The Chairman of the House Committee studying the failed deal to bring a Mamtek sucralose plant to Moberly says there are many who could have halted that deal before its collapse, but did not. Representative Jay Barnes (R-Jefferson City) says the City of Moberly relied on a series of third-party professionals and the Department of Economic Development to back the project and do due diligence on it.
One person Barnes says could have stopped the project is Michael Wise, a patent attorney for Los Angeles, California-based law firm Perkins Coie.
Wise testified under subpoena Thursday afternoon before the Committee on Government Oversight and Accountability. He said that he had been to Mamtek’s production facility in Wuyishan City in Fujian Province, China on three occasions: in November 2007, November 2009 and August 2010. The existence and status of that plant has been at question for those investigating the situation.
Wise says on the first visit he observed a production line capable of making 18 tons a year. By the second visit, a larger line had been added that was capable of putting out 60 tons a year. When he returned in August 2010, neither line was in operation and a cooling tower was being added to the larger line.
What those lines were making was less clear. Wise says the Mamtek executives he worked with said it was sucralose, adding he drank tea they said was sweetened with product made there. A sample was later sent to his firm in Los Angeles via its Shanghai office. Wise says he never confirmed sucralose was being made at the site, however.
“I never questioned my client’s (Mamtek) representation to me that they were making sucralose because that’s the nature of the relationship. I’m a patent attorney.”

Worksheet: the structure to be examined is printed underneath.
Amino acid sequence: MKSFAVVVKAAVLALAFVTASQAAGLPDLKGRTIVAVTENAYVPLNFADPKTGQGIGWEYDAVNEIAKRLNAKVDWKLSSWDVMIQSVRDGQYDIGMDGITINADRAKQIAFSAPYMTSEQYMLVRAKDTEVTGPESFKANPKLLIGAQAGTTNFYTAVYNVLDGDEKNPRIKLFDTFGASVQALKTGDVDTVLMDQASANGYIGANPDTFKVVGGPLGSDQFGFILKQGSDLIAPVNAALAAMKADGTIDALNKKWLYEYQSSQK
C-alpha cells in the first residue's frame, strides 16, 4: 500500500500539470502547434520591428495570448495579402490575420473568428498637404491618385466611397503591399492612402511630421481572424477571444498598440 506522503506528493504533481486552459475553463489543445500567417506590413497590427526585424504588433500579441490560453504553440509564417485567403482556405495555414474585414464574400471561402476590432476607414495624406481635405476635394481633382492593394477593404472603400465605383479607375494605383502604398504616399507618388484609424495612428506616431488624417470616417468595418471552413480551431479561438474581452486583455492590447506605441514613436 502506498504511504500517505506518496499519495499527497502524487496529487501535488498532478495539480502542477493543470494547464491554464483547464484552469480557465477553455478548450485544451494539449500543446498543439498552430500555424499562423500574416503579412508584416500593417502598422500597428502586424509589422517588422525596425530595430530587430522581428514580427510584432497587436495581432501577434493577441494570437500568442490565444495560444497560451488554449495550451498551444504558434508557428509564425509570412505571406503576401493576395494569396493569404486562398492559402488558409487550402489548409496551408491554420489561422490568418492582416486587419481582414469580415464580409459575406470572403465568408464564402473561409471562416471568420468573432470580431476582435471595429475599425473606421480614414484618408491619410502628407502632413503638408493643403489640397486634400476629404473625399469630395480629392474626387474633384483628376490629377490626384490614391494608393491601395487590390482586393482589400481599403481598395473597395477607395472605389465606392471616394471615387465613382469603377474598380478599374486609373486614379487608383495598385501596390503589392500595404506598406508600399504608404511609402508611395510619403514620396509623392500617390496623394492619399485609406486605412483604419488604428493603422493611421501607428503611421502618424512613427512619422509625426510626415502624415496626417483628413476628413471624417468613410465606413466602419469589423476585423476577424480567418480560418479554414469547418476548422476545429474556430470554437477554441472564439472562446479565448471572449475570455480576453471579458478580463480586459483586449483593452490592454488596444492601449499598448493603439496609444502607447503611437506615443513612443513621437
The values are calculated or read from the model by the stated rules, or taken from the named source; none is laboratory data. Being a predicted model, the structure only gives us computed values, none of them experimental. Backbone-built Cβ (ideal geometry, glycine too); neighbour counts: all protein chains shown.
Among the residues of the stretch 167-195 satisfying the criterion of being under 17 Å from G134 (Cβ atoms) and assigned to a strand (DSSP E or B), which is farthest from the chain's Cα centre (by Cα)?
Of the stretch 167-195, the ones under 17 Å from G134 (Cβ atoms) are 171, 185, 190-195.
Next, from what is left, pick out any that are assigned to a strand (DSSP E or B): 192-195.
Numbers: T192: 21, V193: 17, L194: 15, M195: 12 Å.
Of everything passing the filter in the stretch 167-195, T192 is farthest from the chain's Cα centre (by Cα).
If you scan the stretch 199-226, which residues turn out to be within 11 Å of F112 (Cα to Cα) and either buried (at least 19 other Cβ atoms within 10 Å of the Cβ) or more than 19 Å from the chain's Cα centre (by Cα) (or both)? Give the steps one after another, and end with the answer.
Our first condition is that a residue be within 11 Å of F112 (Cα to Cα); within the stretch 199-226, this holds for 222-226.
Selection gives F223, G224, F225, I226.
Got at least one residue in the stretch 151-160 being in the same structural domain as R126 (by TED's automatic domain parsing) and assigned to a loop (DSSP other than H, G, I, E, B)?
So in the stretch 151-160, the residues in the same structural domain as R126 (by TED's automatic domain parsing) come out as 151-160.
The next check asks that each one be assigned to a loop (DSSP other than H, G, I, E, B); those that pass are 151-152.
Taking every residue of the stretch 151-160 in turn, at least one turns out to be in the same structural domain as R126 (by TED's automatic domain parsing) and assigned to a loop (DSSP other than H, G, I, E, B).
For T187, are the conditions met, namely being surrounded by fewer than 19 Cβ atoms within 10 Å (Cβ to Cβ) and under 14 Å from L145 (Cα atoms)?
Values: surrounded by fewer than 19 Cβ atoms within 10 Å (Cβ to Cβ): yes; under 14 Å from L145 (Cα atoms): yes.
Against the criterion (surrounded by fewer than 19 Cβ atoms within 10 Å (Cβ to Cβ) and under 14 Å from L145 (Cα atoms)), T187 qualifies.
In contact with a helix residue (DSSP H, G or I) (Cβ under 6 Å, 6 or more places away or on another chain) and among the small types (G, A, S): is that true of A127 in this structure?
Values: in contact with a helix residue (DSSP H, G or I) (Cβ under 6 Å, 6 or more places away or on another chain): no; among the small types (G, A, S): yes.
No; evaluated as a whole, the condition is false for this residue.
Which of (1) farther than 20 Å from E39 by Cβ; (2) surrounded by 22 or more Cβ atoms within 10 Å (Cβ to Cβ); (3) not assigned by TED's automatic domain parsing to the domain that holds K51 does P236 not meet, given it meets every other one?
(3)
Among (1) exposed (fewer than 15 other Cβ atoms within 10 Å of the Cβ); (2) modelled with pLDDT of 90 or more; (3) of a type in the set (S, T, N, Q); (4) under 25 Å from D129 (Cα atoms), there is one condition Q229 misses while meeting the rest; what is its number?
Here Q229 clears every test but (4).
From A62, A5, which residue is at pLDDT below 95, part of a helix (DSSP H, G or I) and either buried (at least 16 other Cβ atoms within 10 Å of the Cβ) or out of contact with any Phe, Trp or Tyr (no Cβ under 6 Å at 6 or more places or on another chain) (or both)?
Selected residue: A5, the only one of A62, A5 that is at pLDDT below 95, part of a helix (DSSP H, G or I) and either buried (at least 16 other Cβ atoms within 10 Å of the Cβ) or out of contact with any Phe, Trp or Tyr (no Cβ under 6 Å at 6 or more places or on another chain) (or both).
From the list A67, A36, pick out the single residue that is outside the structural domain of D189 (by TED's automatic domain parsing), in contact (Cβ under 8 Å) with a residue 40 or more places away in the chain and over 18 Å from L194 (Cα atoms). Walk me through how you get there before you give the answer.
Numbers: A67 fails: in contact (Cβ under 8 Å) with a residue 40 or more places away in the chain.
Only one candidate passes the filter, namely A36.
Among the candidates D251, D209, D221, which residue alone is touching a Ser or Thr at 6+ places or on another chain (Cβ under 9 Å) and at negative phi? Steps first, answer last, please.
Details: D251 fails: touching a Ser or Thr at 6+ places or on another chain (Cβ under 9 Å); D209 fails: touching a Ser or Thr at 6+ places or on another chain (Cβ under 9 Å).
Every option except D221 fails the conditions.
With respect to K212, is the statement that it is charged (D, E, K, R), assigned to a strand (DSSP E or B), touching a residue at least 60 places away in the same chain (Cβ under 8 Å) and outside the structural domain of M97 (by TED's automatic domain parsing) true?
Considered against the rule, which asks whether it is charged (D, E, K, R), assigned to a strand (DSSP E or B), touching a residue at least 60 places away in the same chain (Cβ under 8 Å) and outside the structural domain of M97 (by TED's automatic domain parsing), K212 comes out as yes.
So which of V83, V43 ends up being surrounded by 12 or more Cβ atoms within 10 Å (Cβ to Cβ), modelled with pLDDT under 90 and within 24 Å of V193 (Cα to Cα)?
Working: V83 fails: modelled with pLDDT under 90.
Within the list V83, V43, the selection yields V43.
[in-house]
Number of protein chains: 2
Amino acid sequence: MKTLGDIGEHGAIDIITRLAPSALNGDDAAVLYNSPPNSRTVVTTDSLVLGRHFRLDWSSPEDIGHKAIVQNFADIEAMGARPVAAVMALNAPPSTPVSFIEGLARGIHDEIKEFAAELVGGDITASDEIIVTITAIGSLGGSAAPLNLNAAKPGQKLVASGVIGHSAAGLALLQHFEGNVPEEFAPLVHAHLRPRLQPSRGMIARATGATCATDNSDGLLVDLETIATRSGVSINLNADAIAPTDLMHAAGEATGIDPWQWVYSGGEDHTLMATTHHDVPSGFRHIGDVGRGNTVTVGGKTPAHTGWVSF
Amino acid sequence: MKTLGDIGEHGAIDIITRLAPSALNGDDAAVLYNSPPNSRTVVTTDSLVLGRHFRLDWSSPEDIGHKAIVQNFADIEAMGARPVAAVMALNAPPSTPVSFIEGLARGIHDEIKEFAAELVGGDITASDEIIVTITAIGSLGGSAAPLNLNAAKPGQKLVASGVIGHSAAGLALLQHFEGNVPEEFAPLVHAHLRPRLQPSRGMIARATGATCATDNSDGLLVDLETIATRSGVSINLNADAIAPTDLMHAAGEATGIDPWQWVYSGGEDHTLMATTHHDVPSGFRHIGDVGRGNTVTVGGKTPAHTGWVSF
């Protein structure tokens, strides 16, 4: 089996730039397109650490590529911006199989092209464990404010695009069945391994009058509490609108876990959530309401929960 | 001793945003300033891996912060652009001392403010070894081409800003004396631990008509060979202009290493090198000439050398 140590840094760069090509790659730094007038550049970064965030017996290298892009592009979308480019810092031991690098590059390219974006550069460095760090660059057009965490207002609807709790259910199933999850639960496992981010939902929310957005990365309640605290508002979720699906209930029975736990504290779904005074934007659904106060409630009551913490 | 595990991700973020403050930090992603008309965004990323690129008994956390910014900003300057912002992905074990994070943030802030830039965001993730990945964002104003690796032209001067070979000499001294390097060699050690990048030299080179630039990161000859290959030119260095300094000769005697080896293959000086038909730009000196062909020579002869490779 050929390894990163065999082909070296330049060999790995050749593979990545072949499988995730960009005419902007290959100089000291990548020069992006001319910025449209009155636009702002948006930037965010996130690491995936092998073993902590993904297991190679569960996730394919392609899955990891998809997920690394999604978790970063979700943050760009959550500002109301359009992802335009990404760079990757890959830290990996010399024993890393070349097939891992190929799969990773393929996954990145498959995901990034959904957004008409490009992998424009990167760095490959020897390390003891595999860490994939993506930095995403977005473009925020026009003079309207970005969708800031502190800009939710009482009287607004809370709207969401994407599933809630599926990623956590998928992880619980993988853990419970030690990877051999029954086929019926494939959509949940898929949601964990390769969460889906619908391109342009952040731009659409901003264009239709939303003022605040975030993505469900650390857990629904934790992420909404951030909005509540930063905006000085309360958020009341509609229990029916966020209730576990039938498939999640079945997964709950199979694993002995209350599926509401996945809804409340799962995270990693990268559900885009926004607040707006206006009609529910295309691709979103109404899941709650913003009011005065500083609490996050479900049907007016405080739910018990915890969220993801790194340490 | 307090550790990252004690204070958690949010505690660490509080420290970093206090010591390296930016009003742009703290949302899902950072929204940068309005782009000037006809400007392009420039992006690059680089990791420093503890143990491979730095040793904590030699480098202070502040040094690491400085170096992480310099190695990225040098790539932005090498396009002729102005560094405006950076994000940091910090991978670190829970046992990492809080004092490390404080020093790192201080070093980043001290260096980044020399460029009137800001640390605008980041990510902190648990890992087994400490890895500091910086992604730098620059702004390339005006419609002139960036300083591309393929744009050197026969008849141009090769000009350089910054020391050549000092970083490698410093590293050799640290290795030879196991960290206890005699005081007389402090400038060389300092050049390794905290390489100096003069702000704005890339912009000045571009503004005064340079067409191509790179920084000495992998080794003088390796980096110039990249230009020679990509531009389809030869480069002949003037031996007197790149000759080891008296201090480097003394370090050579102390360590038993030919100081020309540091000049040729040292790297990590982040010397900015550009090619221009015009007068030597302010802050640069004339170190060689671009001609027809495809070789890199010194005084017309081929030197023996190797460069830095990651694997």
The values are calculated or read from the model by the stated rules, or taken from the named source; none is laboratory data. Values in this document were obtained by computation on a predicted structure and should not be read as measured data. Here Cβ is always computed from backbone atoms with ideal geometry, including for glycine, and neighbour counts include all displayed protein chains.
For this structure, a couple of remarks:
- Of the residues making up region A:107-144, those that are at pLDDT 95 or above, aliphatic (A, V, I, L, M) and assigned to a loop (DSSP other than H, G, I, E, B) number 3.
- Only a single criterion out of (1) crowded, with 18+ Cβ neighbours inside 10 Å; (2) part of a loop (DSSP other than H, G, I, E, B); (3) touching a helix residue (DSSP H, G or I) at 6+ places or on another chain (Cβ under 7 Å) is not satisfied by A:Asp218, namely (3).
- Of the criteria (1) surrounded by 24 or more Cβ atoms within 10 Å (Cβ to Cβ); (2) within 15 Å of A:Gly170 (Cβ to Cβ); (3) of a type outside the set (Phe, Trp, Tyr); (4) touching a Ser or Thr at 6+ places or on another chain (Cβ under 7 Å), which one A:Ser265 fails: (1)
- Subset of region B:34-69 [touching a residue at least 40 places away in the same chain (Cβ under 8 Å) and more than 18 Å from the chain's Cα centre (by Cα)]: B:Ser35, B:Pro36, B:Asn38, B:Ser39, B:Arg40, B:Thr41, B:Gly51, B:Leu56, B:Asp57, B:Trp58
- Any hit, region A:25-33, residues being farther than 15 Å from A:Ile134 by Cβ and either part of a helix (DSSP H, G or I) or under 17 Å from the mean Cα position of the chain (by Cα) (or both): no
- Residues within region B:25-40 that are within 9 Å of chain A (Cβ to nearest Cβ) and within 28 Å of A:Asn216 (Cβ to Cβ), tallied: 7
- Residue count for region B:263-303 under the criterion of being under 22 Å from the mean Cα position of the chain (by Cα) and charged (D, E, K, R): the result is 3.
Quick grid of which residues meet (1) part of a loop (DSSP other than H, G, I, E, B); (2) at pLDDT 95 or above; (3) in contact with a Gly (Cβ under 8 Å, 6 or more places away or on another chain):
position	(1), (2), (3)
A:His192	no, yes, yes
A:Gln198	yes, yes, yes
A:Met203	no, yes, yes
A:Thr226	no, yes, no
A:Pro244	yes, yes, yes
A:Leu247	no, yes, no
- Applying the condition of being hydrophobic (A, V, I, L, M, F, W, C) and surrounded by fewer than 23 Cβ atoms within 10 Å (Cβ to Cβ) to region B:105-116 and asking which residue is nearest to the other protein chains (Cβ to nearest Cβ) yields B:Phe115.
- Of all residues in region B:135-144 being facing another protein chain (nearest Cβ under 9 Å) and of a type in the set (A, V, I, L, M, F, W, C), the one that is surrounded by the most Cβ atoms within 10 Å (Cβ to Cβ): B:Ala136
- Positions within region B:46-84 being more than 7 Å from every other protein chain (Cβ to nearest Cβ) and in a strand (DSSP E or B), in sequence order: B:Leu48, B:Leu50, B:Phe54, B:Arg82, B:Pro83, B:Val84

It was before his last visit, Wise testified, and before the Moberly deal closed that he learned the plant’s future operation was in question. He explained the area had been put under a protected status he equated to that of a national park in the U.S. “The central government had decided that Wuyishan (City) was a protected area, kind of like Yosemite, and as a result of that they weren’t allowing new factories or new lines to be allowed to produce anything in that area, and I assumed it was because of the national park-like status of that area.”
Barnes says, “If Michael Wise would have told people … the Chinese government has some problems with Mamtek’s operation it’s very likely possible that none of this would have happened.”
Wise noted in his testimony the disclaimer that he offered the City of Moberly in a letter to its attorney Tom Cunningham, making clear that he was working for Mamtek and suggesting that the City should do its own due diligence with its own patent lawyers, independently.
Barnes also points to Standard and Poor’s as an entity that could have delayed or stopped the project if it had evaluated the status of Mamtek’s China operation before giving Moberly’s bonds an A-minus rating. S&P Managing Director Geoffrey Buswick, also under subpoena, said the rating was based on Moberly’s promise to pay off the bonds.
The Chairman is now weighing whether to move on to considering legislation related to the Mamtek situation, or to call at least one more witness: former Mamtek CEO and project point man Bruce Cole.
“The conundrum is: our role as a legislative committee is to figure out what we can do to prevent this from happening in the future. I’m not sure what exactly Bruce Cole adds to that question. Given that we’ve spoken to so many other different fact witnesses, I think we’ve got a general idea of what the facts indeed were.” Barnes says he may call Cole if other committee members, or “Maybe I change my mind and think that maybe he (Cole) has something to say that maybe we need to propose X.”
AUDIO: Listen to the testimony of attorney Michael Wise – 1 hour, 26 minutes